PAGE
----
In chord theory 2: the C major scale, I state that the defining feature of the major scale is that it is eight notes long, with the following interval pattern.

tone tone semi-tone tone tone tone semi-tone

If we draw a large table of all of the notes, we can apply this scale pattern, and derive the major scale for each of the twelve notes in the chromatic scale.  This is a good exercise, and at the end of the article, there is a plain version of this table for you to print and fill in.

Root A Bb B C C# D D# E F F# G G# A Bb B C C# D D# E F F# G G# A
A A B C# D E F# G# A
Bb A Bb B C C# D D# E F F# G G# A Bb B C C# D D# E F F# G G# A
B A Bb B C C# D D# E F F# G G# A Bb B C C# D D# E F F# G G# A
C A Bb B C C# D D# E F F# G G# A Bb B C C# D D# E F F# G G# A
C# A Bb B C C# D D# E F F# G G# A Bb B C C# D D# E F F# G G# A
D A Bb B C C# D D# E F F# G G# A Bb B C C# D D# E F F# G G# A
D# A Bb B C C# D D# E F F# G G# A Bb B C C# D D# E F F# G G# A
E A Bb B C C# D D# E F F# G G# A Bb B C C# D D# E F F# G G# A
F A Bb B C C# D D# E F F# G G# A Bb B C C# D D# E F F# G G# A
F# A Bb B C C# D D# E F F# G G# A Bb B C C# D D# E F F# G G# A
G A Bb B C C# D D# E F F# G G# A Bb B C C# D D# E F F# G G# A
G# A Bb B C C# D D# E F F# G G# A Bb B C C# D D# E F F# G G# A
A A Bb B C C# D D# E F F# G G# A Bb B C C# D D# E F F# G G# A

In the next article, I will take look at the CMajor chord, played on the guitar, and see how it relates to C major scale, to see if we can derive a rule for what makes a major chord.

exercise

Unformatted table of notes – fill in the major scale for the note on the leftmost column

tone tone semi-tone tone tone tone semi-tone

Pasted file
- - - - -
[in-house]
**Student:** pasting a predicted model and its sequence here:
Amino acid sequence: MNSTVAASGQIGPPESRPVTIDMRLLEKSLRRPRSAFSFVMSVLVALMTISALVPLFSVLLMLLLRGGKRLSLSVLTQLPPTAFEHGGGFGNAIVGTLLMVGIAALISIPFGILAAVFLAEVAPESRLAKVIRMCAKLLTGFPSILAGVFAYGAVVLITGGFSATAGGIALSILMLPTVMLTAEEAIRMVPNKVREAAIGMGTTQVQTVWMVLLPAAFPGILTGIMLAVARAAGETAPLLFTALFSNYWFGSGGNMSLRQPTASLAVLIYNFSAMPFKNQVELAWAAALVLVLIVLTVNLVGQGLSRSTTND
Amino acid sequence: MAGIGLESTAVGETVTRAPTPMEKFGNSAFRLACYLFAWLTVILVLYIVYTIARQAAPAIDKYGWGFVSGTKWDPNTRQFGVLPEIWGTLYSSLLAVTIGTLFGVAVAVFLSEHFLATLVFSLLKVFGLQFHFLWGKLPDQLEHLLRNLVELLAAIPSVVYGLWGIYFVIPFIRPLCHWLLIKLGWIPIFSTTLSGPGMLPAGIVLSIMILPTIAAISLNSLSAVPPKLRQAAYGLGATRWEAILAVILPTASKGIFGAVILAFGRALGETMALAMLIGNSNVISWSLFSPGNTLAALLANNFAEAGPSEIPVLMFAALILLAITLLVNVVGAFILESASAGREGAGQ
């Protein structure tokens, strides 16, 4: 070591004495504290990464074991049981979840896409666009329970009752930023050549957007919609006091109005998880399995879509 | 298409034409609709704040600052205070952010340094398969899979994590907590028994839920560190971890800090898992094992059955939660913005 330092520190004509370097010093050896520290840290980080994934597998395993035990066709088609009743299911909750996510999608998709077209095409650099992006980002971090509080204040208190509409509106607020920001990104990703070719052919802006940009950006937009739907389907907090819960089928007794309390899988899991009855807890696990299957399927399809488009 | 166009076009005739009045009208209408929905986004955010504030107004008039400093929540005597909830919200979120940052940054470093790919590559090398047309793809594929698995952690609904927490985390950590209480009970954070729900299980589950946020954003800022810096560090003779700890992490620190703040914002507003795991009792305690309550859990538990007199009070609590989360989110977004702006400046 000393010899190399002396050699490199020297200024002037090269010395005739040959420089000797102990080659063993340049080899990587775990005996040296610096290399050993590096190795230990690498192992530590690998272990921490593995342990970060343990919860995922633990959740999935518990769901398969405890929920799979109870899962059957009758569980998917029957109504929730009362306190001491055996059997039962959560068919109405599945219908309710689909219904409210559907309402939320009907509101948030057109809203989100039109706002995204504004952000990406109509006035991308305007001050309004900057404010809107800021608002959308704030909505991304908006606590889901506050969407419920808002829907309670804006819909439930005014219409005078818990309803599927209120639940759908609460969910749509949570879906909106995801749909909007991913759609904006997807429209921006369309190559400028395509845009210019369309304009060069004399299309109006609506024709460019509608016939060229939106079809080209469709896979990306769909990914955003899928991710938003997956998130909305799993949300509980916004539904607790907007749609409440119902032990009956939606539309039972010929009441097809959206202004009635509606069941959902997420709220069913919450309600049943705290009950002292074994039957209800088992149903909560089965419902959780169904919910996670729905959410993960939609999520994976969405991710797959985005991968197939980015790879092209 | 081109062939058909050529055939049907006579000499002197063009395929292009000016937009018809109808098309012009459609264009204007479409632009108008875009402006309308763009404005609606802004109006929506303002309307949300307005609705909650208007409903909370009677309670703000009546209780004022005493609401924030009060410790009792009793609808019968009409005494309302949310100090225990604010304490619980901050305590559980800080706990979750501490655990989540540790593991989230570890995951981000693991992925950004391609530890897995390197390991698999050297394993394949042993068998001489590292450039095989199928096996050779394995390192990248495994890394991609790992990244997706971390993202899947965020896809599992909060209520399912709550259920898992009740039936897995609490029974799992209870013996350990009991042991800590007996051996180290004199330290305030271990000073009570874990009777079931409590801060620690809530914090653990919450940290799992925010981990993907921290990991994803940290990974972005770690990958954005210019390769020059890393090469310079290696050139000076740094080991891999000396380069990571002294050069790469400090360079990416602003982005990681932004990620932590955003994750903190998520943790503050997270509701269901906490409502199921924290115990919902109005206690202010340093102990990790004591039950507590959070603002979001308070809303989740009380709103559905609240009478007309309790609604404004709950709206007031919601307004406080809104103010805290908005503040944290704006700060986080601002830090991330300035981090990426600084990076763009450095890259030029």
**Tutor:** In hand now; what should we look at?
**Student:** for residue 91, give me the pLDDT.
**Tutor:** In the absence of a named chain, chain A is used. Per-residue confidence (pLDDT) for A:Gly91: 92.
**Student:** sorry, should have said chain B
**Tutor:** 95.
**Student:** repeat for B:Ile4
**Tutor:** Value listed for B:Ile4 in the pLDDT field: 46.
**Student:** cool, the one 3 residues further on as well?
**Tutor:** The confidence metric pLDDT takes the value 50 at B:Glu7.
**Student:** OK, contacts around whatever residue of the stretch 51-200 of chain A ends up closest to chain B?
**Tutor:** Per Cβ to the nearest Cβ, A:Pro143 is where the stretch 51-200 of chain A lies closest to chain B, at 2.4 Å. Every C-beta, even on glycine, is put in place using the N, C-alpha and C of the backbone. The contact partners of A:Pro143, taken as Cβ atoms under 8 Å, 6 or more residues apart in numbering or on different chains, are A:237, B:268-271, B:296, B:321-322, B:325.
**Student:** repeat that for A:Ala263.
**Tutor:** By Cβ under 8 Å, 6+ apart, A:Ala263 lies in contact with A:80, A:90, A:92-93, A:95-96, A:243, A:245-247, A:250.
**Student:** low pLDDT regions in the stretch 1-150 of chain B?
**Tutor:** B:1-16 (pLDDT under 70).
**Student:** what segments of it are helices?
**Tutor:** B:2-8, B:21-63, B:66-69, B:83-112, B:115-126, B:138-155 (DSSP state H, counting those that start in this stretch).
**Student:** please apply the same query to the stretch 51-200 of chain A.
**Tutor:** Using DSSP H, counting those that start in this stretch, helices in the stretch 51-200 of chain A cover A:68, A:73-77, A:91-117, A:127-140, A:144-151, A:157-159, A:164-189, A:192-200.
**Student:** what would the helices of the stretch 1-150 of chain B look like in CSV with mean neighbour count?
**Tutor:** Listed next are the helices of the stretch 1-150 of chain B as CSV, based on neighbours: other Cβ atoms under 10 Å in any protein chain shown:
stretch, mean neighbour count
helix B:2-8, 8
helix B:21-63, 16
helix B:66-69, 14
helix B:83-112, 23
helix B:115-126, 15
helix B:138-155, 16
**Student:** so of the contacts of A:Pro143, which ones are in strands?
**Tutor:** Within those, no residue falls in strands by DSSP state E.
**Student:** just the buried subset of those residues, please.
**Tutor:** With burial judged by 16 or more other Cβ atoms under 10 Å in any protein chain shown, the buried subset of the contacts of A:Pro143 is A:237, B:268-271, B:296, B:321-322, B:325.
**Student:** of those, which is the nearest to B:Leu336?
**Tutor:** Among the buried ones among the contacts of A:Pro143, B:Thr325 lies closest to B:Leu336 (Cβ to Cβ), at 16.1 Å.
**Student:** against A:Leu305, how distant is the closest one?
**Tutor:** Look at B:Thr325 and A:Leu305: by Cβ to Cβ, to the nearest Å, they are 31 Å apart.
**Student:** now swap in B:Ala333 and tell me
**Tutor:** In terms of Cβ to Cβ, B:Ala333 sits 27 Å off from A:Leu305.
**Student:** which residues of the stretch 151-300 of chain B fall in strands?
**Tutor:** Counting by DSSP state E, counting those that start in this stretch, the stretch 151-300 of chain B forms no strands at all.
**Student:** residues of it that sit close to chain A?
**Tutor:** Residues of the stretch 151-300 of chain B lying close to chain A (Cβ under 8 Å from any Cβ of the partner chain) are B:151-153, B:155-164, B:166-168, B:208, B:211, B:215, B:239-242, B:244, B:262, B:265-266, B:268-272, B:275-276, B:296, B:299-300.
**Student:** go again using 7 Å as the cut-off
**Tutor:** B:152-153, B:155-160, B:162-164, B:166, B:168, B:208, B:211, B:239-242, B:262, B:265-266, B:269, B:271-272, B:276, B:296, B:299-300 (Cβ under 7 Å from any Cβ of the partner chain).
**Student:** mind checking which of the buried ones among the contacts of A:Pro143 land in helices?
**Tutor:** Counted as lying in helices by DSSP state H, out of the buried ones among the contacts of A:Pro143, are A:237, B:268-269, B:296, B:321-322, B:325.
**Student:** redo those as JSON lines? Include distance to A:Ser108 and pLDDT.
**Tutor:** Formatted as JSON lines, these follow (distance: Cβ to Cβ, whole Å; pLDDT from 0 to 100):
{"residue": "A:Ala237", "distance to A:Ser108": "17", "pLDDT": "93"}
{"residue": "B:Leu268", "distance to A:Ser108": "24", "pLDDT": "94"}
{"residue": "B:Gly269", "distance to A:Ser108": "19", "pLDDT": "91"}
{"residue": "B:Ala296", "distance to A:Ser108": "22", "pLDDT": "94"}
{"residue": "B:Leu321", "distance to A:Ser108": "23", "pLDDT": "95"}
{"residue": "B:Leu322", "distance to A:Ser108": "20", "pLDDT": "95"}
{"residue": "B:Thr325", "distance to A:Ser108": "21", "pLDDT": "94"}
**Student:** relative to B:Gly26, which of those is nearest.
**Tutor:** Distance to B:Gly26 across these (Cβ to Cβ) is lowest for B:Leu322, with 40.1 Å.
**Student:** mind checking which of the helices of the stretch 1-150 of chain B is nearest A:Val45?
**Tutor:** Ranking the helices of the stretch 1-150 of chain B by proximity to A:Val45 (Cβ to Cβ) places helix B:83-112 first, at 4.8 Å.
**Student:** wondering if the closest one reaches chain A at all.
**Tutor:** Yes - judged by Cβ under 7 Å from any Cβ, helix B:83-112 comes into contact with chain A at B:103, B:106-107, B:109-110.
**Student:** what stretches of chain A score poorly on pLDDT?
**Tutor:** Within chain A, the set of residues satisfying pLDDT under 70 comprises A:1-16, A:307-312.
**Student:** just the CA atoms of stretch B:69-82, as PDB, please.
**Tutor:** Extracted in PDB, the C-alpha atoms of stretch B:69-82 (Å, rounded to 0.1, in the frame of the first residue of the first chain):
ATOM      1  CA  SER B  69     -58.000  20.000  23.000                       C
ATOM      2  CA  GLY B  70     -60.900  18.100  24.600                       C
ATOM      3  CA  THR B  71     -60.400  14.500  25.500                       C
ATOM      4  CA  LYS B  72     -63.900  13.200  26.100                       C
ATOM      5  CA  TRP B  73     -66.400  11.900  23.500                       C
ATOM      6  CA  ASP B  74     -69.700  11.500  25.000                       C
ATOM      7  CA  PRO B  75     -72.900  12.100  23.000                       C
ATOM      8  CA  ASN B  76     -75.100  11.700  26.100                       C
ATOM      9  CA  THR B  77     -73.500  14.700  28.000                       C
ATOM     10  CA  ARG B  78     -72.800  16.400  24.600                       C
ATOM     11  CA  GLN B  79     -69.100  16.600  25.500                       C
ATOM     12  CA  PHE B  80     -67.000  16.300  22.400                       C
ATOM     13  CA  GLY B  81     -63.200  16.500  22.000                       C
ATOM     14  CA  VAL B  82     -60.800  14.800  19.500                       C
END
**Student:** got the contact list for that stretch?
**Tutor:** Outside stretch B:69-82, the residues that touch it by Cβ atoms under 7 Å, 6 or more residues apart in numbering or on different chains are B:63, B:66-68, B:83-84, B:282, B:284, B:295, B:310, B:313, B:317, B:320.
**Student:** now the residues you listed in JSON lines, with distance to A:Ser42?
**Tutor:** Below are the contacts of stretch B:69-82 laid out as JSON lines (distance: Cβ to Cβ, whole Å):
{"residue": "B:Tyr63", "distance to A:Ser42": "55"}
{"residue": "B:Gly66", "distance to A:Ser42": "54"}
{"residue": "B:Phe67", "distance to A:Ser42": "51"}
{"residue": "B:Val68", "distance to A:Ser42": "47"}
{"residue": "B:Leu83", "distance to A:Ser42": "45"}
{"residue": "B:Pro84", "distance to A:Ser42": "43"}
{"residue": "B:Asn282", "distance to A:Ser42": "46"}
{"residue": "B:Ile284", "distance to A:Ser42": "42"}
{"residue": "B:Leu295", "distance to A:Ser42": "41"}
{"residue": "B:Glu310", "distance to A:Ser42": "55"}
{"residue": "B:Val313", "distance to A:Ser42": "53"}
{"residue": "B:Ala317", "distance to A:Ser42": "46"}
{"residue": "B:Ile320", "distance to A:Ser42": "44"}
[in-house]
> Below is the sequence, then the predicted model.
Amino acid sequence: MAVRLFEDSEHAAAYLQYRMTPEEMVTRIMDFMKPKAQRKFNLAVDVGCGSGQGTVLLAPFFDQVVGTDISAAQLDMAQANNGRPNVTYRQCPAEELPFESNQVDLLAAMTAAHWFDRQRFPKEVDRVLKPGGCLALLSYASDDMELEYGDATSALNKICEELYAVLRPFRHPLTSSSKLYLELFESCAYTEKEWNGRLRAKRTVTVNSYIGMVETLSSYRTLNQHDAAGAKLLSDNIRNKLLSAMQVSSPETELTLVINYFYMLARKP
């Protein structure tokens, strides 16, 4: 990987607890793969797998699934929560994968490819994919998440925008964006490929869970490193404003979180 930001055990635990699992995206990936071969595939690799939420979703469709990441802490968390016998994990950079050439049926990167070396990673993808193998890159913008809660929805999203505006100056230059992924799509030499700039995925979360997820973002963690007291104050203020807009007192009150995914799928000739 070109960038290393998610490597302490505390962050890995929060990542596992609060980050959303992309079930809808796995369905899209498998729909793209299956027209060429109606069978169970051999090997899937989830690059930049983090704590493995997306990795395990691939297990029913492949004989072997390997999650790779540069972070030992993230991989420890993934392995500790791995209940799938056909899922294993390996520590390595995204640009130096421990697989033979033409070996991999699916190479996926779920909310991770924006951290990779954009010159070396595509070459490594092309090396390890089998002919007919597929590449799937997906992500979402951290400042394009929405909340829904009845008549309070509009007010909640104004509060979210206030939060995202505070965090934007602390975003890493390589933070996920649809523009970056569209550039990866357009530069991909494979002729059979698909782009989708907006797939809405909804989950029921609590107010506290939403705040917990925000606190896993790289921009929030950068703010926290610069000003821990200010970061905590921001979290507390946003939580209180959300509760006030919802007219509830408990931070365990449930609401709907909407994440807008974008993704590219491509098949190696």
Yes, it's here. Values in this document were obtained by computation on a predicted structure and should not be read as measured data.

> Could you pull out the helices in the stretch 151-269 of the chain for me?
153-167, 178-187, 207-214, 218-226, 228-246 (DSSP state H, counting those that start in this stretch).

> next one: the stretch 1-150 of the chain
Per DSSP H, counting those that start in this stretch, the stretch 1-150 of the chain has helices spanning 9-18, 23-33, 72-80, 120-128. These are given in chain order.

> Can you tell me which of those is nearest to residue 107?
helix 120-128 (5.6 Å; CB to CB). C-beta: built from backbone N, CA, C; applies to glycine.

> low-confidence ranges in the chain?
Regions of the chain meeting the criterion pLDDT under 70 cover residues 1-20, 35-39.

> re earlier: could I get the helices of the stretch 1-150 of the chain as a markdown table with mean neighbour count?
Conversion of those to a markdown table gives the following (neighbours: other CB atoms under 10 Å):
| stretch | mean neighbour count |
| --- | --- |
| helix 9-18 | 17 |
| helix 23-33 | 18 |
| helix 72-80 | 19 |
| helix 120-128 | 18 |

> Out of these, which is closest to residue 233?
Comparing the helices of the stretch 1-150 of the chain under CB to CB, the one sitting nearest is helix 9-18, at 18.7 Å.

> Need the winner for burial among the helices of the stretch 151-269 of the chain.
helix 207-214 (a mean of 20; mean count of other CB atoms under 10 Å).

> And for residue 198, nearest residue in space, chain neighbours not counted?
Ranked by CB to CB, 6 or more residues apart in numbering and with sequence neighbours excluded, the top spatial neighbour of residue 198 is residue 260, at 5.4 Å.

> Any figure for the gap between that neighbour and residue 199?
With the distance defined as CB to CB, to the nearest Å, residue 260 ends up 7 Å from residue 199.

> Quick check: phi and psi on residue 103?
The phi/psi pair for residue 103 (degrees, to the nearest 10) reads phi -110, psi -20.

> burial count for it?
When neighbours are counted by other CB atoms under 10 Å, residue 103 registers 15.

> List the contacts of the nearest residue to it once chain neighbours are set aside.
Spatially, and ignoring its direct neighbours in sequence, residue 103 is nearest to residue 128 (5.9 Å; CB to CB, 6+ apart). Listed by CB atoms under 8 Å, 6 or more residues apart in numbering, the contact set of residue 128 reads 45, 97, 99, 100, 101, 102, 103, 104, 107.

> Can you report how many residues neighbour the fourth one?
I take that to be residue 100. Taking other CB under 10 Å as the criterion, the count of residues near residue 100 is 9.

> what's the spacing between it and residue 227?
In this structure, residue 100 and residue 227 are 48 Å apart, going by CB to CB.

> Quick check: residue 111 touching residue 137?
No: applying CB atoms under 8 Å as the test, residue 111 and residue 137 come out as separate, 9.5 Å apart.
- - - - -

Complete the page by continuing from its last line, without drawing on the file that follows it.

Root A Bb B C C# D D# E F F# G G# A Bb B C C# D D# E F F# G G# A
A A Bb B C C# D D# E F F# G G# A Bb B C C# D D# E F F# G G# A
Bb A Bb B C C# D D# E F F# G G# A Bb B C C# D D# E F F# G G# A
B A Bb B C C# D D# E F F# G G# A Bb B C C# D D# E F F# G G# A
C A Bb B C C# D D# E F F# G G# A Bb B C C# D D# E F F# G G# A
C# A Bb B C C# D D# E F F# G G# A Bb B C C# D D# E F F# G G# A
D A Bb B C C# D D# E F F# G G# A Bb B C C# D D# E F F# G G# A
D# A Bb B C C# D D# E F F# G G# A Bb B C C# D D# E F F# G G# A
E A Bb B C C# D D# E F F# G G# A Bb B C C# D D# E F F# G G# A
F A Bb B C C# D D# E F F# G G# A Bb B C C# D D# E F F# G G# A
F# A Bb B C C# D D# E F F# G G# A Bb B C C# D D# E F F# G G# A
G A Bb B C C# D D# E F F# G G# A Bb B C C# D D# E F F# G G# A
G# A Bb B C C# D D# E F F# G G# A Bb B C C# D D# E F F# G G# A
A A Bb B C C# D D# E F F# G G# A Bb B C C# D D# E F F# G G# A

chord theory 2: the C major scale

This whole series is a bid to consolidate my knowledge and serve as a resource for learning about chords, how they are built and named, and how you can share the notes of a chord across many musicians.  If you are new to music theory, don’t be daunted – I played the guitar for 25 years before even attempting to learn this stuff – my point being, you can enjoy playing instruments with little or no knowledge.  When you hit a wall though, it can be useful to further your understanding.

This article assumes you have a reasonable understanding of  the terms interval, semi-tone, tone and the twelve notes of the chromatic scale.  If you are not sure about any of these pre-requisites, have a look at chord theory 1: 12 notes

In chord theory 1: 12 notes, I state that the defining feature of the chromatic scale is that it is twelve notes long, and the interval between each adjacent note is a semi-tone:

A

A# or  Bb

B

C

C# or Db

D

D# or Eb

E

F

F# or Gb

G

G# or Ab

By definition, the major scale is eight notes long, with the following interval pattern.

tone tone semi-tone tone tone tone semi-tone

Where are the notes?  I have realised that by defining the scale in terms of its intervals, instead of learning notes by rote, I find I can work out a scale in any key, by simply applying the pattern to the twelve basic notes.